Mileage Tax will Hurt California Middle Class, State Budget

Tax definition (Alan Cleaver / Flickr / CC / Cropped)
Alan Cleaver / Flickr / CC / Cropped

California Democrats wants to create a mileage tax–a new tax on every mile driven in the state–despite already having the highest gas taxes in the nation.

State officials say they need the tax increase, because gas tax collections to pay for roads and bridges has been shrinking. But the real culprit for lower tax revenues is that California’s middle class is being forced by high taxes to move out of state and drive less. A mileage tax increase will just increase middle class pain and generate even lower tax revenue for roads and bridges.

Gasoline tax collections peaked out $2.8 billion per year in 2006, the same year former Gov. Arnold Schwarzenegger signed AB 32, known as the Global Warming Solutions Act, or “cap-and-trade.” The legislation committed the state to use taxes and fees to reduce its greenhouse gas emissions to 1990 levels by 2020. Since that time, gas tax collections have slowly trended down about 7.1 percent to $2.6 billion last year.

State officials pretend the falling gas tax revenue is partly due to the tiny number of electric vehicles on the road and mostly due to cars getting better mileage. But gas tax collection around the U.S. has continued to increase most years, despite average vehicle gas mileage increasing every year for the past 6 decades. It is only California that has had falling gas tax revenue for the last decade.

California officials claim that the state’s 25 million drivers only pay the second-highest gas tax in the nation at 65.98 cents per gallon; Pennsylvania pays 70 cents a gallon. But since January 1, Californians have also been slammed with a “hidden gas tax” of 15 cents per gallon to compensate for the costs refiners, tanker trucks and gas stations have to pay to buy cap and trade credits to comply AB 32’s climate change mandates.

After Democrats passed Proposition 30 in late 2012, California’s top marginal tax rate jumped by 33%. Today, California has the second highest marginal tax rate in the industrialized world, behind only Denmark.

Most of the rich are rich because they own businesses and rental properties. Some of the rich took their money and moved to low-cost states, but most had the flexibility to pass California’s higher tax bite onto their middle class consumers and renters.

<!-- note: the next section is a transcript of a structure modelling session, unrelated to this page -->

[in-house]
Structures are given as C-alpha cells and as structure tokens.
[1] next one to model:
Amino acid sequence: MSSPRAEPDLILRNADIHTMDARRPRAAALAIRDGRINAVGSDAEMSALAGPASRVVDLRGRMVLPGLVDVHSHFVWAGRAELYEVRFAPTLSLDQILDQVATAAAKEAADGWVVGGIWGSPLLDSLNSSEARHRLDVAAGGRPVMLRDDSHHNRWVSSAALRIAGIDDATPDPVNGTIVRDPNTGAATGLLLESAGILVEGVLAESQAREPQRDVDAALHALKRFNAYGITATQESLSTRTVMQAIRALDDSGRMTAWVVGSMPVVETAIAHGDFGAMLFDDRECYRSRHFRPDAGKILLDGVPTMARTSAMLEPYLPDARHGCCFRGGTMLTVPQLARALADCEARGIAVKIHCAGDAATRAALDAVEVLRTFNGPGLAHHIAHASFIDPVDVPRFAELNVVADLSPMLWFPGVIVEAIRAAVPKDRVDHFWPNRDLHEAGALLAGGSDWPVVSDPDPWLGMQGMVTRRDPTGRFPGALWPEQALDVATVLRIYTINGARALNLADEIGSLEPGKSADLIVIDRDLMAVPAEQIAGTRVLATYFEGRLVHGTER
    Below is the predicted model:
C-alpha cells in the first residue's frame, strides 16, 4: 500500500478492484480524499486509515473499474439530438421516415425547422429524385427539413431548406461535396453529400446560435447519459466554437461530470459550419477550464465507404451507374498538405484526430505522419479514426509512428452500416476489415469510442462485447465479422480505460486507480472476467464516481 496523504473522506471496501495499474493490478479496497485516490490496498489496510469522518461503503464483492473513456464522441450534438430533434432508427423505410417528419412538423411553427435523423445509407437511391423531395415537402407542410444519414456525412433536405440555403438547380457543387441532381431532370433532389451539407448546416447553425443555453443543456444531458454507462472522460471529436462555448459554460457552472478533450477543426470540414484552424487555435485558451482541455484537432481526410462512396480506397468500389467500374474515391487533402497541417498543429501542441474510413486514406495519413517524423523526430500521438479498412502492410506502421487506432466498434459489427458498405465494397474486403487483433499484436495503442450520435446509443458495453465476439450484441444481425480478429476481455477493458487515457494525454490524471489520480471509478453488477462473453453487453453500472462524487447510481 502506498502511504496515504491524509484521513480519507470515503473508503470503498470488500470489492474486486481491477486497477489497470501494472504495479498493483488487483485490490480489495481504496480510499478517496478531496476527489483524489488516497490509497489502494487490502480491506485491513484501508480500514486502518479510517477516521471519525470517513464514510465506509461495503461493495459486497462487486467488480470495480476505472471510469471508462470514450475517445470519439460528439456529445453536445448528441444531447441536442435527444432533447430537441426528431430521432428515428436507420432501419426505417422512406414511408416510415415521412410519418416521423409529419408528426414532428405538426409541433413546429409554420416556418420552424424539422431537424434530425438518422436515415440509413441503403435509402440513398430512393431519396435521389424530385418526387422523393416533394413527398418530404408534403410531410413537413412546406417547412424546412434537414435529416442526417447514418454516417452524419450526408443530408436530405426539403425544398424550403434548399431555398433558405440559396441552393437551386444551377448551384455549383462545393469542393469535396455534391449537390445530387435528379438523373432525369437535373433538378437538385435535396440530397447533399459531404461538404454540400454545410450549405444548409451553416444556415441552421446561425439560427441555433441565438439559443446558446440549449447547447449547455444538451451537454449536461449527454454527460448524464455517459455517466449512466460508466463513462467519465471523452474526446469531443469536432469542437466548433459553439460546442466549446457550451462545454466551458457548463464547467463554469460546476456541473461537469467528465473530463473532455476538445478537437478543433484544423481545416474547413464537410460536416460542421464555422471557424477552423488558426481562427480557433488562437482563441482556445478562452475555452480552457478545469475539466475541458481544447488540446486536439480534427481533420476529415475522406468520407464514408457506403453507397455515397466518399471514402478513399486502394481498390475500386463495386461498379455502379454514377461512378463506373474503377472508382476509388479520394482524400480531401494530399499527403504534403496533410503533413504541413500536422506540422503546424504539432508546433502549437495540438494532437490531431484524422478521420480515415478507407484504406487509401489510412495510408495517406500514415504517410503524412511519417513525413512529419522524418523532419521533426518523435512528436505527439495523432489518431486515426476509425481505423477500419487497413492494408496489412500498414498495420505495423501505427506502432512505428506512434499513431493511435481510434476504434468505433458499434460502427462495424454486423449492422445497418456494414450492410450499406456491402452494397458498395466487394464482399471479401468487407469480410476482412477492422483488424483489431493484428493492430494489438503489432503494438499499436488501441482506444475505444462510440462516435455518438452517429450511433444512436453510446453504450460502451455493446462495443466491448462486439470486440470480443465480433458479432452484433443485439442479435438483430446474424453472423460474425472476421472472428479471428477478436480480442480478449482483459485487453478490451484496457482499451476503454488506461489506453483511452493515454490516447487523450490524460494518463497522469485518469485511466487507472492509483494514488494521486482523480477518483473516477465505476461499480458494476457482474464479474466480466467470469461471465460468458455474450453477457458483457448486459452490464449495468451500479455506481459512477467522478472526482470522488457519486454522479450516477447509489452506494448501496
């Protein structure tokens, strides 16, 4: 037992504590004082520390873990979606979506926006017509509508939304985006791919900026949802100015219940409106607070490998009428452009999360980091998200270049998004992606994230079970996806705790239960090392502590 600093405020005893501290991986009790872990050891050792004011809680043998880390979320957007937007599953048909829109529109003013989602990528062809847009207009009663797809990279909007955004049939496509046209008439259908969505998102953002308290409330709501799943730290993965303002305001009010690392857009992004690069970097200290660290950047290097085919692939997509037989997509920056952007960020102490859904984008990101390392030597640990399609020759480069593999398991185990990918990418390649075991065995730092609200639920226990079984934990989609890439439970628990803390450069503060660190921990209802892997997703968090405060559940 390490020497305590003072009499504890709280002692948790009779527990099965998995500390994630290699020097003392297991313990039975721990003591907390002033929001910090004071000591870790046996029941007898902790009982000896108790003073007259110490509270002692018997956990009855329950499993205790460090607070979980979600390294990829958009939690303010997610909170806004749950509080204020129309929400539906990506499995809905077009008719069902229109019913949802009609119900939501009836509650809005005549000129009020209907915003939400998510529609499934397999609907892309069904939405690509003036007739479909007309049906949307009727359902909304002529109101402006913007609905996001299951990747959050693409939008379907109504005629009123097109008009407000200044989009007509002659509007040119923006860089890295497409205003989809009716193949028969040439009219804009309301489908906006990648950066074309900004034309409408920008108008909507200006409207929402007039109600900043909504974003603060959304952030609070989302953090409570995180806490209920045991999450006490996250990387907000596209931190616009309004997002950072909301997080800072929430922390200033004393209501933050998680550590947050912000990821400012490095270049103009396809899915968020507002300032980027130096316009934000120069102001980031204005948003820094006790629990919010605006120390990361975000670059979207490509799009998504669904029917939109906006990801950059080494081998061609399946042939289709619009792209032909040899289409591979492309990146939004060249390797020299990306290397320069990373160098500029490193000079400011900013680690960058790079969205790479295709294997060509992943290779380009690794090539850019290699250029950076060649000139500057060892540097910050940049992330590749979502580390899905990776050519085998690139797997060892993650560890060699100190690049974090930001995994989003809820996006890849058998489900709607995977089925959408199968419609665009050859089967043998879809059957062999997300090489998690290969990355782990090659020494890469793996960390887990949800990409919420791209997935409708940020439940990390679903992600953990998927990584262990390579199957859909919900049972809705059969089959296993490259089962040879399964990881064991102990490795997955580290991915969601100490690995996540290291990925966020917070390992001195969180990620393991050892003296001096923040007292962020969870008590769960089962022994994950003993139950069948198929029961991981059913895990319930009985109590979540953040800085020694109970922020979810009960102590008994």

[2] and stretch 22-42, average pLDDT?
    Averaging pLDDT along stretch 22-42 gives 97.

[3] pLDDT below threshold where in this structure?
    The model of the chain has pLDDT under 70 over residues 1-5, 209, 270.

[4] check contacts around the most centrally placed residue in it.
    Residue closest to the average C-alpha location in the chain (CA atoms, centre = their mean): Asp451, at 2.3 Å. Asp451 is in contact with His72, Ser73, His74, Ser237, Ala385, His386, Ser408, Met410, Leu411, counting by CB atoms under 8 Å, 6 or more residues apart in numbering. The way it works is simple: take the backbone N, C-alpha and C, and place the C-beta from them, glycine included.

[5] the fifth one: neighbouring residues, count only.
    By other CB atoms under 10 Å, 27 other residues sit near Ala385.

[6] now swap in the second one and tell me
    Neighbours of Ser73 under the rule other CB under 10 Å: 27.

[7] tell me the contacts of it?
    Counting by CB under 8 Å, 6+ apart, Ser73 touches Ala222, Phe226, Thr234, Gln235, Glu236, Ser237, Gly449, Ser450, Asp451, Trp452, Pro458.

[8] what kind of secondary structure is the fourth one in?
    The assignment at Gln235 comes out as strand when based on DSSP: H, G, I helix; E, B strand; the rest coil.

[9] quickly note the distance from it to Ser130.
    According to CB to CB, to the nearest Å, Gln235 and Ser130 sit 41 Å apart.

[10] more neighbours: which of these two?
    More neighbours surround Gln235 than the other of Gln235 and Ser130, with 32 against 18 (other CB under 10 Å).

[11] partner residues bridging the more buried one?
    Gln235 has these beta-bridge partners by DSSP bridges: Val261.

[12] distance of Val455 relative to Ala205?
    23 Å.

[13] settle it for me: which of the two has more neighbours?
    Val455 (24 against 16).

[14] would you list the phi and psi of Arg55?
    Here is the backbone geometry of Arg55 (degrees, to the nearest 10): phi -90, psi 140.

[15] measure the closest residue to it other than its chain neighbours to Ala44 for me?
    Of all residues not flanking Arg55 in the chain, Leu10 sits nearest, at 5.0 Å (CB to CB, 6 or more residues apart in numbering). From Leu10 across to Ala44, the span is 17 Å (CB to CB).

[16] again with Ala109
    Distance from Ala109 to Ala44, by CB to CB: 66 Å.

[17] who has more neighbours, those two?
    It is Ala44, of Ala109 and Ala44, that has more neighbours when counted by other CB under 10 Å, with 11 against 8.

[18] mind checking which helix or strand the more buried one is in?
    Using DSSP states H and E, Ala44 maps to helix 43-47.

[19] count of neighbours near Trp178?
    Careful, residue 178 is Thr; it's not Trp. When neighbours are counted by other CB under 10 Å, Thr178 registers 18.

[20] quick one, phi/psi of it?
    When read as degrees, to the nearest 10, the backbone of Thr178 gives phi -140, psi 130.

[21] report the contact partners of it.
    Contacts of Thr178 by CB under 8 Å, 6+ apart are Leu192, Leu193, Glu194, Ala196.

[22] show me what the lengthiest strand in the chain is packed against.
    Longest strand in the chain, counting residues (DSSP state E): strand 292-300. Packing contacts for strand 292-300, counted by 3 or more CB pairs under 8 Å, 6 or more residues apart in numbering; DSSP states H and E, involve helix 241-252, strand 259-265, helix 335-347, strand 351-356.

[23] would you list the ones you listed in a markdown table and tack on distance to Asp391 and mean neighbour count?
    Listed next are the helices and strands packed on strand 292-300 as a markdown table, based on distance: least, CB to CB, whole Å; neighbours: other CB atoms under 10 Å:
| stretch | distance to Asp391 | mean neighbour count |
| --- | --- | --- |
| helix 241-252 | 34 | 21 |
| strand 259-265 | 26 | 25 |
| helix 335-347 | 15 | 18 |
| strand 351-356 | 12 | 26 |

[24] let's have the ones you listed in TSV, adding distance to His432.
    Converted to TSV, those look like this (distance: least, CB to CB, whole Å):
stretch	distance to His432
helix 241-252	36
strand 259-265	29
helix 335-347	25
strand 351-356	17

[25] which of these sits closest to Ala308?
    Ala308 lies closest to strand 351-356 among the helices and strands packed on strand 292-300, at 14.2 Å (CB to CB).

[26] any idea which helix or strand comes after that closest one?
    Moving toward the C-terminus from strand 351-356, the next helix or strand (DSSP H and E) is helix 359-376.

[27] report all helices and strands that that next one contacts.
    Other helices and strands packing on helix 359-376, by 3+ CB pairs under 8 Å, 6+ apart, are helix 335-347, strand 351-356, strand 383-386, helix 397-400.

California’s high costs and lousy economic climate have been pushing its middle class residents to other states, while the Golden State imports impoverished illegal or “undocumented” immigrants. In 2013, 102,972 California residents permanently left the state and only 66,294 individuals from other states moved to California. But California had a net 169,266 population gain, because 205,994 immigrants moved into California.

Exporting the middle class explains why the City of Los Angeles has achieved the crown as America’s Poorest Big City, according to an analysis by the American Community Survey-based Census Bureau data. Of the 25 major metropolitan areas in 2013, Los Angeles-Long Beach-Anaheim took the booby prize for having the highest poverty rate at 17.6%. California’s overall rate of poverty was also the top state contender at 16.8%.

Not every middle class resident can or will move out of California. But most do have the flexibility to avoid paying California’s 81 cent per gallon listed and hidden gas taxes–and any additional mileage tax Sacramento dreams up–by driving less.

California’s annual gas tax collection has fallen since 2006 by 7.1 percent from $2.8 billion to $2.6 billion, because the average miles driven by state residents fell by 8.3 percent, from 13,300 to 12,200, during the same period.

If California adds on another mileage tax, more of the middle class will leave and the rest will drive less. Once again, the higher effective tax rate will generate less tax collection.





Please let us know if you're having issues with commenting.